525. “He’s a Rebel,” The Crystals. Songwriter: Gene Pitney; #1 pop/#2 R&B; 1962. Connecticut born pop star Gene Pitney had an interesting career in that he didn’t participate in writing his four Top Ten singles – his two biggest hits, “(The Man Who Shot) Liberty Valance” and “Only Love Can Break Your Heart” were Hal David/Burt Bacharach compositions. However, he did write Ricky Nelson’s Top Ten hit “Hello Mary Lou” and the girl group classic “He’s a Rebel.” This ode to nonconformity was performed by Darlene Love and The Blossoms yet credited to The Crystals. La La Brooks of The Crystals, “The next thing you know we’re riding in a car, all of us girls going on a gig, and we hear: ‘He’s a rebel and he’ll never never be any good. At the end, the DJ said, ‘The Crystals, He’s a Rebel.’ We looked at each other like, ‘The Crystals? Where did that come from?’ So, we were confused.”
524. “Lodi,” Creedence Clearwater Revival. Songwriter: John Fogerty; #52 pop; 1969. John Forgerty, “’Lodi’ was just a title for a long time. The inspiration was those trips with my dad to those small towns in central California, a place that I felt very warm and special about. I had already started to transfer my feelings about that place to the mythical Louisiana swamps I’d been writing about. It was also childhood. I was moving place and moving time, going back to when I felt really special and good and homey. Somehow I got the idea of a traveling musician, probably a country guy, but older. A guy whose career is in the rearview mirror. The kicker is, ‘Oh Lord, stuck in Lodi… again!’ That ‘Oh Lord’ tells you how he feels. I was twenty-three writing this song, a very young man who’d just had a million-selling single all over the radio. That has nothing to do with the well you are drawing from when doing your craft. On ‘Lodi,’ I saw a much older person than I was, ‘cause it is sort of a tragic telling. A guy is stuck in a place where people really don’t appreciate him. Since I was at the beginning of a good career, I was hoping that that wouldn’t happen to me.”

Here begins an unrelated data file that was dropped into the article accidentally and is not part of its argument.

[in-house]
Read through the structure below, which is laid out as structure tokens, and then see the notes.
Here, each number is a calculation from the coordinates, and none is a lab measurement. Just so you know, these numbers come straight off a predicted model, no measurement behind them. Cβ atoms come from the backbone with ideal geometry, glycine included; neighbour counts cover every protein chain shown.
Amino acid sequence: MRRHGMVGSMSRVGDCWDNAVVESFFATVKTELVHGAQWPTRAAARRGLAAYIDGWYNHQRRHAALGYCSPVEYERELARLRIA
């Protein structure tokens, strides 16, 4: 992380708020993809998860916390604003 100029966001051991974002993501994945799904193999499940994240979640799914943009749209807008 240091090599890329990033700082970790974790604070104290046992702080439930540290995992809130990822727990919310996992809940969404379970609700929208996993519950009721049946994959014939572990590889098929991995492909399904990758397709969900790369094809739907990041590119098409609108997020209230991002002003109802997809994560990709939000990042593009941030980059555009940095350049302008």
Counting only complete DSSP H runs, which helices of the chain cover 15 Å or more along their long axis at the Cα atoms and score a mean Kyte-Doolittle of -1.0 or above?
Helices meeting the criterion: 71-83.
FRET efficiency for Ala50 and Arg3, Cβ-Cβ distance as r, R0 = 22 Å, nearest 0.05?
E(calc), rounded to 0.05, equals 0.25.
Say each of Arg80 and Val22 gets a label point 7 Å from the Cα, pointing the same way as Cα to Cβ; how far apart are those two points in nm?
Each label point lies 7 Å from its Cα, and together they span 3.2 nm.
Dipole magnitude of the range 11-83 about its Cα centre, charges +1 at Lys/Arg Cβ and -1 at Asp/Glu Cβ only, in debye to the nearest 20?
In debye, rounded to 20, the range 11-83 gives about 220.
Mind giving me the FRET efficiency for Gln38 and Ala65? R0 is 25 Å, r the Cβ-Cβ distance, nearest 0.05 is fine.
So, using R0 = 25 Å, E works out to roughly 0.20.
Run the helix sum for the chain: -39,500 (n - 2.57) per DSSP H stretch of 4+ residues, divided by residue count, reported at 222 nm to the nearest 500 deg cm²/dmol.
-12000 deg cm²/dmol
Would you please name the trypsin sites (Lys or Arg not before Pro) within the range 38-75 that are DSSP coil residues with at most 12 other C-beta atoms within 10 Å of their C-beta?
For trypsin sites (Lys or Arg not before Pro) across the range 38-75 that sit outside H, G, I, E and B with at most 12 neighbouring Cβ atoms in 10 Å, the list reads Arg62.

523. “Slip Away,” Clarence Carter. Songwriters: William Armstrong, Marcus Daniel, Wilbur Terrell; #6 pop/#2 R&B; 1968. Blind Alabama native Clarence Carter started performing as a duo with his friend Calvin Scott during the early 1960s, billed most functionally as Clarence & Calvin. Calvin Scott was seriously injured in a car accident in 1966 and Carter started his solo career. His first major hit was 1968’s “Slip Away,” a soulful plea for an intimate experience with a taken woman. Carter on the recording, “Muscle Shoals was a dry county. We couldn’t drink beer, so instead we concentrated on making music. I had this idea for lyrics and a guitar lick that I’d been keeping in the back of my head. When we got to the studio it came together right away.”
522. “Oh Death,” Dock Boggs. Songwriter: Traditional; Did Not Chart; 1964. West Virginia banjo player Dock Boggs spent most of his life not working as a musician, but as a coal miner. Born in 1898, he learned songs from his musical family and from local African-American musicians. Boggs made his first recordings during the 1920s and spent the next few decades in the mine. Musically, he often used a lower D-modal tuning, which made his music sound darker in tone than his contemporaries. After being rediscovered during the folk revival of the early 1960s, he recorded three albums for Folkways Records. The traditional “Oh Death” was first recorded by the African American gospel group The Pace Jubilee Singers in 1927. The 1964 folk gothic Dock Boggs cover is a bleak mixture of traditional blues and Appalachian music. Country pioneer Ralph Stanley brought this Grim Reaper sidestep request to a broader audience in the 2000 film “O Brother, Where Art Thou?”
521. “Stop,” Howard Tate. Songwriters: Jerry Ragovoy, Mort Shuman: #76 pop/#15 R&B; 1968. Howard Tate started his performing career in a 1950’s Philadelphia doo wop act and worked as the vocalist for Bill Doggett in the early 1960s. He had his first chart success in 1966 with the #12 R&B hit “Ain’t Nobody Home” and his 1966 album cut “Get It While You Can” was covered by Janis Joplin on her 1970 album “Pearl.” “Stop” sounds like prime Stax soul and deserved a bigger audience, but Tate being signed to Verve Records, a jazz label, didn’t do him any favors in the marketplace. An instrumental version of “Stop” is one of the highlights of the 1969 “Super Session” album, an ad hoc collaboration by Mike Bloomfield, Al Kooper, and Stephen Stills.